Hendrick: ROVAL Was Brutal On The Nerves

| Senior Writer, RacinToday.com Monday, October 11 2021

Hendrick Motorsports’ Kyle Larson takes the checkers at the Charlotte Motor Speedway ROVAL race on Sunday. (Photo by Brian Lawdermilk/Getty Images)

By Deb Williams | Senior Writer

CONCORD, N.C. – Rick Hendrick is no stranger to racing’s roller coaster, but when the playoff hopes for his four teams began unraveling in the Bank of America ROVAL 400 he almost left Charlotte Motor Speedway.

“I was ready to go home. I mean, it was time to get the helicopter and get out of here,” Hendrick said Sunday after Kyle Larson’s seventh victory this season. “It was brutal. It was the most nerve-wracking race I think that I can ever remember being a part of watching just because the ROVAL, the pit strategies, where people were on tires. It was a hard race to keep up with.” 

Throughout Sunday’s 109-lap event that determined the playoffs’ round of eight, Hendrick’s drivers constantly bounced back-and-forth across the cutline. Larson and teammate Alex Bowman experienced alternator problems. Chase Elliott sustained severe damage to his Chevrolet after a bump from Kevin Harvick sent him spinning into a wall. William Byron led twice for 30 laps, making him the top lap leader, before hitting a wall two laps from the finish while running third. He eventually finished 11th while Bowman placed 10th

“I made a mistake to not finish third,” Byron said. “At the end I was just kinda full of rage. I didn’t really care about finishing third. That wasn’t going to do anything for me in the playoffs. It sucks now that we didn’t finish third, but … we were in position to win.”

Entering the final race in the playoffs second round, only Denny Hamlin had guaranteed his advancement with a Las Vegas victory. Twenty-two points separated eight drivers.  

Chase Elliott of HMS survived being punted by Kevin Harvick. (Photo by Brian Lawdermilk/Getty Images)

Larson and Elliott volleyed back-and-forth on the plus and minus side of the cutline throughout the race. The two entered the season’s final road race above the cutline. Larson was 13 points to the good and Elliott six.

Larson’s problems began during stage two. That’s when the alternator issues that plagued Bowman earlier in the event now haunted Larson. During the two-lap caution period that signaled the end of stage two, the crew changed the alternator belt and the battery.  

“Jesse Saunders, our car chief. Steven Legendre, who’s our engine tuner, they hit a home run on getting the car fixed,” said crew chief Cliff Daniels, who noted the crew practices damage repair pit stops. “Our guys had to change the tires at the same time.

“We’ve got a checklist every week we go through of parts and tools and equipment that we need to have on standby. All of that was ready and available.” 

Larson admitted that at that point he didn’t believe he had a shot at victory and was “kind of sad and depressed.” The problems dropped the series regular season champion below the cutline.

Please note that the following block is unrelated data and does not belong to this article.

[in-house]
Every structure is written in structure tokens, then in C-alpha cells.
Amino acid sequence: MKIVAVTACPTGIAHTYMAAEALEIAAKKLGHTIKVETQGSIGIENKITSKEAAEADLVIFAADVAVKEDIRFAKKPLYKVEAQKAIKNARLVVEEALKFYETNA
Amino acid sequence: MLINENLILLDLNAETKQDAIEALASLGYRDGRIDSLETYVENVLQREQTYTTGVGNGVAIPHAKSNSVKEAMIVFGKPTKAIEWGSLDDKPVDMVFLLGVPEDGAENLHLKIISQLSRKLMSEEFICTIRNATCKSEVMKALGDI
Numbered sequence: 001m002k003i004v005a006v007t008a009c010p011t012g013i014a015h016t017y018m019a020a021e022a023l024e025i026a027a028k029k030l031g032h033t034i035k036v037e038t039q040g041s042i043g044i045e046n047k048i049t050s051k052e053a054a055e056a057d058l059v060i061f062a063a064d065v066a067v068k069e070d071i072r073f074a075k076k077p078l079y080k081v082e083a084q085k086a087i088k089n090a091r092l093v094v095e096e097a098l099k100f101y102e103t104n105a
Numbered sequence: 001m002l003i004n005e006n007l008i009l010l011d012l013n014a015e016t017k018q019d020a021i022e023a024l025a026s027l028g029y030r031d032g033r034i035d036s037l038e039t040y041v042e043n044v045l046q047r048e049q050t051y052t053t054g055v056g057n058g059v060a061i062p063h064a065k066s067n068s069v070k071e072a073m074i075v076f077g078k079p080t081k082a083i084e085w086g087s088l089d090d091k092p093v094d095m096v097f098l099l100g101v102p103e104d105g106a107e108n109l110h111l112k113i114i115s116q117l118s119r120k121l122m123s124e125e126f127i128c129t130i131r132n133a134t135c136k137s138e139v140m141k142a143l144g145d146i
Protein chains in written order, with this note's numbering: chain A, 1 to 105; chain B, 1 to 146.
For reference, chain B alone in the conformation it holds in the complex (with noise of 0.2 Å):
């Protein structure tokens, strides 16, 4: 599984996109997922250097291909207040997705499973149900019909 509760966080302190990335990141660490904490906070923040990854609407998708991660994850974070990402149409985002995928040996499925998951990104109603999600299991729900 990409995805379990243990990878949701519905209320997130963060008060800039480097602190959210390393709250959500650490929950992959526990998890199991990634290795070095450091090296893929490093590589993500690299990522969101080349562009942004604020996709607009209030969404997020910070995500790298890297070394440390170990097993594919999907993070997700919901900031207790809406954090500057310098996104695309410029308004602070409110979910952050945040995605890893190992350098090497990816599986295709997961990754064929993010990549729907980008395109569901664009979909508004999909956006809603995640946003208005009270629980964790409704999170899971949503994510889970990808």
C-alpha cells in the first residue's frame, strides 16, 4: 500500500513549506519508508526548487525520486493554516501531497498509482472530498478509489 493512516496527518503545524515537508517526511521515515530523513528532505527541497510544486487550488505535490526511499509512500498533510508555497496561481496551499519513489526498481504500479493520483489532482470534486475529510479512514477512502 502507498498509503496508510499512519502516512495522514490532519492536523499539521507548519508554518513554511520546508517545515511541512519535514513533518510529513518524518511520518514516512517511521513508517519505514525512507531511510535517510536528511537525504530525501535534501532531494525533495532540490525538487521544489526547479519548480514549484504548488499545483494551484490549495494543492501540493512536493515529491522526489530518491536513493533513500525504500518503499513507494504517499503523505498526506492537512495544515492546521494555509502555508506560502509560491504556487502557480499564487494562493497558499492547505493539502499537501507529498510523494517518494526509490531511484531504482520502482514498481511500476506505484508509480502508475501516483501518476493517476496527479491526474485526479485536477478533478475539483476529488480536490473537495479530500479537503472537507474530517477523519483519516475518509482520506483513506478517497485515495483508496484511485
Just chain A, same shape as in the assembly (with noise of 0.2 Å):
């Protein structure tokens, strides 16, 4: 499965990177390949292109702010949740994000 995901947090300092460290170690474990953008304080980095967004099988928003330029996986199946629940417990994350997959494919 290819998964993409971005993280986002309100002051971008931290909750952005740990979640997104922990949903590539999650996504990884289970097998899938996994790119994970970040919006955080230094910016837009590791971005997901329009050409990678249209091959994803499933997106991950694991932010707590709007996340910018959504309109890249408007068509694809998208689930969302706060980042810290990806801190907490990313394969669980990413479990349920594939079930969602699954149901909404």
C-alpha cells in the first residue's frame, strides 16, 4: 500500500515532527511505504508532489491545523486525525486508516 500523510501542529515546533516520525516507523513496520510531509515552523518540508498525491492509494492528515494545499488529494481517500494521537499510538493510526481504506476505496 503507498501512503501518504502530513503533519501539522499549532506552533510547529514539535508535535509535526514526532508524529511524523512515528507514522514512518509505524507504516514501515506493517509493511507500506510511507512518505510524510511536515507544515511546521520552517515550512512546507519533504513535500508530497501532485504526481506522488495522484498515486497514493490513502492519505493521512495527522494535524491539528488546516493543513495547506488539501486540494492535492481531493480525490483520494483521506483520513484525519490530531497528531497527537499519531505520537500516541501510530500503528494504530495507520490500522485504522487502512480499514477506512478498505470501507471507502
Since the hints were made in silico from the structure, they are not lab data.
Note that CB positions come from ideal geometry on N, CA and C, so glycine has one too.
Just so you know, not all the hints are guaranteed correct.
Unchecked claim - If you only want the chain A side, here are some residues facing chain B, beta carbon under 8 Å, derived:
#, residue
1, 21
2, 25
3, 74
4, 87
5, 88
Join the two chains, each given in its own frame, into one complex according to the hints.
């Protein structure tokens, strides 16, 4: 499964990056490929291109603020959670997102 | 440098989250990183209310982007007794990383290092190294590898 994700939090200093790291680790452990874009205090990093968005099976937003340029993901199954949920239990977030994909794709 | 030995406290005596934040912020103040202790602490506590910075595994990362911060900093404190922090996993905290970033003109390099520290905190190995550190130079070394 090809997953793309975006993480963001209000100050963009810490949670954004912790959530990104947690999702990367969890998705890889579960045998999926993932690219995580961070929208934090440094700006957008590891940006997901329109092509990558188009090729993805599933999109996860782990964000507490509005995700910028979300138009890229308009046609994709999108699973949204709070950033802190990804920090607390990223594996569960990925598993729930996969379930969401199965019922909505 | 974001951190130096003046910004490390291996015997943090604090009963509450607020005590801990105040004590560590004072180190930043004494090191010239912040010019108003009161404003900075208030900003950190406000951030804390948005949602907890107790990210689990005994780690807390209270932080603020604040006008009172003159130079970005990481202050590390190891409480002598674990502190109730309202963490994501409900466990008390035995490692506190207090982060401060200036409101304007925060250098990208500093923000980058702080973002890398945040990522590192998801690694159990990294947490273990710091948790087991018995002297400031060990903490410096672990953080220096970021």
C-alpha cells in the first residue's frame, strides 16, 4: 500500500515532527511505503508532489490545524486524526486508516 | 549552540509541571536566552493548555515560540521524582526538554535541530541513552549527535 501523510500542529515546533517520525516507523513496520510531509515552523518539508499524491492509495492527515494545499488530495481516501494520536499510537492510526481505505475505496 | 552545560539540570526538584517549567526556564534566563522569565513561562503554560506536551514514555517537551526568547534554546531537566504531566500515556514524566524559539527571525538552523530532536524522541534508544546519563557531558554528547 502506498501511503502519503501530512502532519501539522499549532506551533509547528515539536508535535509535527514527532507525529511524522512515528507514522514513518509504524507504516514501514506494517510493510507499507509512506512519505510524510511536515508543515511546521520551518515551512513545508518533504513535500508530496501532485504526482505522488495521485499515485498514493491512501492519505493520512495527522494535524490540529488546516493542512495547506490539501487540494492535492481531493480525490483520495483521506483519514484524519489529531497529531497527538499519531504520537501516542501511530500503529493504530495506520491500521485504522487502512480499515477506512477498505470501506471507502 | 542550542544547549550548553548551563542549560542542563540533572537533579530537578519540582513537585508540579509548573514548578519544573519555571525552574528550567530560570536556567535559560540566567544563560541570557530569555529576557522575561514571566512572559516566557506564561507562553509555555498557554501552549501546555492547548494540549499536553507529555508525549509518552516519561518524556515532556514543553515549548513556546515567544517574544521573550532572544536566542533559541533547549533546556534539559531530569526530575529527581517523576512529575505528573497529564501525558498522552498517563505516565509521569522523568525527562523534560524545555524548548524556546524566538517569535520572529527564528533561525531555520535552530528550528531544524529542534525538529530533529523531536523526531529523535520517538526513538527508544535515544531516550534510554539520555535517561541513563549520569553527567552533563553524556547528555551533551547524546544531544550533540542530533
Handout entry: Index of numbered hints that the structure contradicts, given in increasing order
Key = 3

Elliott led once for two laps, but fell below the cutline due to the Harvick encounter. Many saw the incident as retaliation for a confrontation between the two three weeks ago at Bristol. 

“Sometimes real life teaches you good lessons,” Harvick said when asked about the incident. 

  Elliott’s crew kept him on the lead lap while repairing his car’s rear, but his final green-flag stop briefly left him a lap down. He regained the lap when then leader Hamlin pitted.  

  It was the seventh of nine caution flags that provided Elliott with another chance to maneuver his way into the playoffs. When the rear panel flew off of his car NASCAR called a caution for debris. Harvick restarted the race in 19th, giving him a position in the playoffs, while Elliott was 31st and below the cutline. 

Elliott charged through the field and when the eighth yellow flag waved for a three-car incident in turn two, the Dawsonville, Ga., native had cracked the top 20. When that caution period ended, Elliott was 19th and Harvick 12th. Four laps after the restart Elliott, Martin Truex Jr. and Christopher Bell were bearing down on Harvick when the Stewart-Haas Racing driver slammed into the first-turn wall. 

“I just pushed it in there too hard,” Harvick said. “I felt like I needed to go to get a couple spots back. I got the left front locked up and couldn’t turn.”

Elliott pitted for fresh tires during the caution, leaving him 26th on the restart. In the final eight laps, Elliott charged to a 12th-place finish. 

Meanwhile, Larson had maneuvered his way into second and on the final restart snatched the lead from Hamlin. Larson then held off a hard-charging Tyler Reddick to claim a 0.782-second victory, sweeping the Charlotte Cup races this year and becoming the first driver to win three Cup road races in a season.

“I couldn’t believe I got the lead that early on the restart,” Larson said. “My brake leg was kind of getting twitchy just from nerves and stuff. I guess that was just an excited anxiety shake.”

  Larson and Elliott advanced in the playoffs despite their multiple problems, while Bowman and Byron joined Harvick and Bell as those who must wait until next year to contend for a championship. 

Despite only two of Hendrick’s four teams advancing in the playoffs, the team owner said the chemistry between his organization’s crew chiefs and drivers is the best it’s ever been. 

“Everybody touches each car, and the motors, they’re given out at random,” Hendrick said. “It’s up to the teams. It’s up to the driver. It is the best we’ve been as an organization in a long, long time.”

The playoffs resume Oct. 17 at Texas Motor Speedway. 


| Senior Writer, RacinToday.com Monday, October 11 2021
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